Live updates: Follow the latest news on Israel-Gaza
On a hilltop overlooking the Gaza Strip, the ferocity of Israel's resumed offensive against Hamas was plain to see on Friday, with thick black smoke rising from crumpled buildings across Beit Hanoun in the north-eastern corner of the Palestinian territory.
The thumps of explosions were felt every minute or so as a group of journalists watched the destruction unfold from the relative safety of the Israeli town of Sderot, located two kilometres away.
Minutes after Israel announced the week-long truce with Hamas was over, Israeli fighter jets hit targets across the Gaza Strip and health authorities there reported dozens of people had been killed or wounded.
Israeli government spokesman Eylon Levy accused Hamas of breaking the ceasefire, claiming it had fired a rocket from Gaza while the truce was still in effect.
“That rocket fire has since intensified, with sirens across southern Israel, including in communities that are still under mandatory evacuation orders,” he told reporters.
Sderot is the target of frequent rocket attacks from Gaza. On October 7 it was stormed by Hamas gunmen who overran the local police station, killing dozens of police officers inside and civilians on the streets. Today, the evacuated town is eerily quiet, with only a tiny number of residents remaining.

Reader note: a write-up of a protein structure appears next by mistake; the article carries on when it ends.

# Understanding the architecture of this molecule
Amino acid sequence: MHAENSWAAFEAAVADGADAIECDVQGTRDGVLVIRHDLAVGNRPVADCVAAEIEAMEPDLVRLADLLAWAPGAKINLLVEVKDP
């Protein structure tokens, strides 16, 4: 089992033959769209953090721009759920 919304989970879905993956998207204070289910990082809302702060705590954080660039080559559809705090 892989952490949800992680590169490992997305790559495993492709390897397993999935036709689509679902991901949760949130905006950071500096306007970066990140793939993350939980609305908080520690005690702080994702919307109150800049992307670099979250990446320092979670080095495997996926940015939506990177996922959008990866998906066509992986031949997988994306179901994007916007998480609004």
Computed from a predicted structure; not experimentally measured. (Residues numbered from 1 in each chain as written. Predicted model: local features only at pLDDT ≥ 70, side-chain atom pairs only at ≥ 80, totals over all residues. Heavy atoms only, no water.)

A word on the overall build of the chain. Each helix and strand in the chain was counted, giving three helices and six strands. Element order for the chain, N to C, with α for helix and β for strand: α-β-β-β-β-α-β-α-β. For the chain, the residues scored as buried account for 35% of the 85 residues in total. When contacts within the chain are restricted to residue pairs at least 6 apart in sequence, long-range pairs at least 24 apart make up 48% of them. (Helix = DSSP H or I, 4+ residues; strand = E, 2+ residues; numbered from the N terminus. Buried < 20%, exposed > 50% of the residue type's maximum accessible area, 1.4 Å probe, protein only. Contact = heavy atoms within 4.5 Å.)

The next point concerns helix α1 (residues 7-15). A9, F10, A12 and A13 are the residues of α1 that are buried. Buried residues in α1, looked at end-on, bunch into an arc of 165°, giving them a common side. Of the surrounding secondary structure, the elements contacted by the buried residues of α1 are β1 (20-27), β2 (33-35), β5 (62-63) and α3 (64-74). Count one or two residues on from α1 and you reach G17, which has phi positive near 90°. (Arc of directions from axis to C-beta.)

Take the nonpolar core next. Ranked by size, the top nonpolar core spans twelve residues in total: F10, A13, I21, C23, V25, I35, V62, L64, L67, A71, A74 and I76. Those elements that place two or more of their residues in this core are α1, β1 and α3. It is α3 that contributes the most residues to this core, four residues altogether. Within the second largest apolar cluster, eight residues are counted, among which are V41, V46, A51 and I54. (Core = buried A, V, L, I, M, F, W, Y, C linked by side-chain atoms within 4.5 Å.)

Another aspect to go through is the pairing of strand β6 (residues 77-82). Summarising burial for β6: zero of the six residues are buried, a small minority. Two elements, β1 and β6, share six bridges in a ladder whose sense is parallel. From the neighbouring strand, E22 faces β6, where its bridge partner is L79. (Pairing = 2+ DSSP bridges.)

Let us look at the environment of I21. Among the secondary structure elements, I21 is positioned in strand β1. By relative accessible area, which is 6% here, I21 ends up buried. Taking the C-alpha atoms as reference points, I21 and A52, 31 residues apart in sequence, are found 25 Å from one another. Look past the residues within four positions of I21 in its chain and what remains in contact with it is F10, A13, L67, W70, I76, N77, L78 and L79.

One local policeman said he remained alert to the threat of Hamas militants attempting another sneak attack on the town, though that seemed unlikely given that the Gaza Strip is now surrounded by tens of thousands of Israeli soldiers.
The resumption of the war was met with mixed feelings in Israel. Many people had grown accustomed to the nightly releases of hostages held by Hamas and the hope more would be freed.
In Tel Aviv, about 75km north of Sderot, families gathered on a plaza that locals have dubbed Hostages Square in front of the city's Museum of Art. Hamas seized about 240 hostages on October 7, releasing more than 100 of them in the week of the truce in return for hundreds of Palestinian prisoners and detainees.
Tel Aviv resident Shirly Solomon said the truce should continue to allow for the release of more hostages, but she also wanted Hamas to know that Israel would not back down.
“We feel a lot of tension in the air,” she told The National.
“My wish is the hostages come home and then we continue the [military] operation. We need to fight back. October 7 was the second Holocaust, it’s not something to be quiet about.”
Yael Tal, a swimming coach who trains the daughter of 70-year-old hostage Ofra Keider, expressed similar views.
“We want everybody out, and then the war should start again. We have to get rid of Hamas, we can’t live next door to them. It can’t happen again, we can’t live under the threat of such atrocities,” she said.
In Israel, the thrust of public discussion about the war is focused on the collective trauma of October 7 and the desire to get the hostages out. The soaring death toll in Gaza, where more than 15,000 people have reportedly been killed in Israel's air-and-ground offensive, is seldom mentioned.
“I’m miserable. You get back the hostages and I’m happy for a moment. But I am grieving,” said Ayelet Haephrati, a drummer from Tel Mond in central Israel.
“Fighting is losing innocent people. The situation is a losing situation.”